• Rick Hendrick was sentenced in 1997 for his role in the bribery and kickback scandal at American Honda Motor Co. He pleaded guilty to mail fraud for sending $20,000 to a Honda executive and was sentenced to 12 months confinement to his home in Charlotte and placed on probation for three years. He also was fined $250,000 and ordered not to have anything to do with his auto dealership empire or his NASCAR racing operations during the home detention. President Bill Clinton pardoned him in 2000.
• Former Monroe police officer Josh Griffin was sentenced in 1998 to life in prison instead of death for kidnapping and brutally murdering Kim Medlin, who disappeared while driving home from her waitress job at The Men’s Club in Charlotte. Her body was found the next day in a field at the end of a deserted cul-de-sac. She had been strangled and her neck was broken.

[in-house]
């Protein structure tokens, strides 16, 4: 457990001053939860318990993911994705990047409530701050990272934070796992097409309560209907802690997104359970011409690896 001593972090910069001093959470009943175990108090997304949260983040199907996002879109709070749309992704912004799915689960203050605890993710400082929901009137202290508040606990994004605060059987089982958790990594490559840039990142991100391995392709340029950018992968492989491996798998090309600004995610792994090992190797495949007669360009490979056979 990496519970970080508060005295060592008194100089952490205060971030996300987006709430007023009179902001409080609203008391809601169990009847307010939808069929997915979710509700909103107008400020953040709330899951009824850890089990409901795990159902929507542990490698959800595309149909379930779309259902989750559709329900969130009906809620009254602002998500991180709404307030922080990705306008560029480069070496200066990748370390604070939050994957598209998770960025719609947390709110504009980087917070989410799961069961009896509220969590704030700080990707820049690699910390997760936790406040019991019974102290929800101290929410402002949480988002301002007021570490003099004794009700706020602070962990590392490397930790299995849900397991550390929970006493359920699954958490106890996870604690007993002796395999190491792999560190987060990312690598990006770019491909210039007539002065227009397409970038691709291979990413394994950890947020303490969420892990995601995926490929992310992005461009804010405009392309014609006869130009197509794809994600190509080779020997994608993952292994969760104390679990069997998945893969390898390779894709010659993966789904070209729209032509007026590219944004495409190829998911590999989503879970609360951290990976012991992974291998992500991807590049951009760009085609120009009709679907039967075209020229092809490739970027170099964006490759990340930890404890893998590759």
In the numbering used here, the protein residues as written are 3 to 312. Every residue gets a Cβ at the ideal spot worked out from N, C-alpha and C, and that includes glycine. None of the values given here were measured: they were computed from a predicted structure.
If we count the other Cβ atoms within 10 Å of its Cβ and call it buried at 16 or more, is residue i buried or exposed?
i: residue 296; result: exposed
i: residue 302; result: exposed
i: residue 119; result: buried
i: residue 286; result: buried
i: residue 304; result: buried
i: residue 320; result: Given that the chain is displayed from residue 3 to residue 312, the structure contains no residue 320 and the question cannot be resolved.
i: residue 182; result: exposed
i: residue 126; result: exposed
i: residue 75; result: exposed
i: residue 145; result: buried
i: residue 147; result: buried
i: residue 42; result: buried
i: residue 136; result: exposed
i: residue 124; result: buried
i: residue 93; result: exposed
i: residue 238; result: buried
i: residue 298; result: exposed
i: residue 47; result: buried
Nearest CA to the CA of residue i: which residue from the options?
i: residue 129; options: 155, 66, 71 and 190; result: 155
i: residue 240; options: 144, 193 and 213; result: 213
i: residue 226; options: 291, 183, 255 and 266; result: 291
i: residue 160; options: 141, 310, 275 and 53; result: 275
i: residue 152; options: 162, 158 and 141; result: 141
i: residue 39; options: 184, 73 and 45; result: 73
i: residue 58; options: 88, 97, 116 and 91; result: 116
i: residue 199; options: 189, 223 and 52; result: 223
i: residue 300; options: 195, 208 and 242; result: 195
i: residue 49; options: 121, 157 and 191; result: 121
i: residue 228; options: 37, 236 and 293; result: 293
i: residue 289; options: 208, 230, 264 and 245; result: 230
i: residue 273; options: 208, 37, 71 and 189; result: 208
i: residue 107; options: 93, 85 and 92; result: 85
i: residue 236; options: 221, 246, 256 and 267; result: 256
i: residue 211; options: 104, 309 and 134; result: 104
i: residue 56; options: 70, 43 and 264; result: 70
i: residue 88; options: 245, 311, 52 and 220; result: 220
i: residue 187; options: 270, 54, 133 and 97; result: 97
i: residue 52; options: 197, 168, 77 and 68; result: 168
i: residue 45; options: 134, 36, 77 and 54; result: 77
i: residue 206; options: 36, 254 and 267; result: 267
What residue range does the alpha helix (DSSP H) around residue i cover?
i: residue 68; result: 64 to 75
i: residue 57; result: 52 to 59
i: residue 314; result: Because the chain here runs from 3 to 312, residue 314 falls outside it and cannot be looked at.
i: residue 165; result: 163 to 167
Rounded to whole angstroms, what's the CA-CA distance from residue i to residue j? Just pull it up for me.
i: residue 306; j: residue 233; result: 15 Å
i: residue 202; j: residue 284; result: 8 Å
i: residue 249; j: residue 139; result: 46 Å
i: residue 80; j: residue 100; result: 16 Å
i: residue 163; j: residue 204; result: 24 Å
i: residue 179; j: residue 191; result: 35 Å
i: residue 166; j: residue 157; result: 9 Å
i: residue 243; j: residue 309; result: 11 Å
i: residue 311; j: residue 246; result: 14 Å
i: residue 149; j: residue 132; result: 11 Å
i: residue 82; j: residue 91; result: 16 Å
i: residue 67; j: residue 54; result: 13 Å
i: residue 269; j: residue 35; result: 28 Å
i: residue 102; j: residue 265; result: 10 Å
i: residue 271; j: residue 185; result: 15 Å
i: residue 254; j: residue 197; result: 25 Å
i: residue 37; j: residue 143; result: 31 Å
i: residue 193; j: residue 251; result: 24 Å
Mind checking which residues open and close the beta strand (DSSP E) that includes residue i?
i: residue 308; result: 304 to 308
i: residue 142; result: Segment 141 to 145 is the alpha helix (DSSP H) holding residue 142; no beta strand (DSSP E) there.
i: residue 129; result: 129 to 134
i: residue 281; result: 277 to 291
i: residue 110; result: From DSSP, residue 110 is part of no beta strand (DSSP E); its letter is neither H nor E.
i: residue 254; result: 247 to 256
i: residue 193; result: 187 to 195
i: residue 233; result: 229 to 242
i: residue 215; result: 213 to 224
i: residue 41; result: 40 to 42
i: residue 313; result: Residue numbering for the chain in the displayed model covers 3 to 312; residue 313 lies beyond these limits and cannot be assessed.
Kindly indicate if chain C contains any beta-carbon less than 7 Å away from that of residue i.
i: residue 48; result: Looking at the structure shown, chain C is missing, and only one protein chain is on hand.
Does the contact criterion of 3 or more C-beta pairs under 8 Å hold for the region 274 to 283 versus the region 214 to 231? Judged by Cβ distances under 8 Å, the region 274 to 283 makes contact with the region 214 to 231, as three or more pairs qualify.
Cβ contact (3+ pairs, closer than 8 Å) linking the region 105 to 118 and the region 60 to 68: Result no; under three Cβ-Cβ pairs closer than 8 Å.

• Samuel Mahatha was sentenced to life in prison rather than death in 2001 for the murder of Mecklenburg Sheriff’s Capt. Anthony Stancil, who was shot to death outside a grocery story after confronting a shoplifter. Mahatha was accused of trying to steal $11 worth of crab legs. The murder outraged the community and touched off an extraordinary outpouring of public support. Impromptu fund drives and other contributions brought $500,000 for the support of Stancil’s widow and education of his children.
Bender and co-counsel James Wyatt had pleaded with the jurors not to impose the death penalty. They portrayed Mahatha as mentally retarded, with a third-grader’s mind.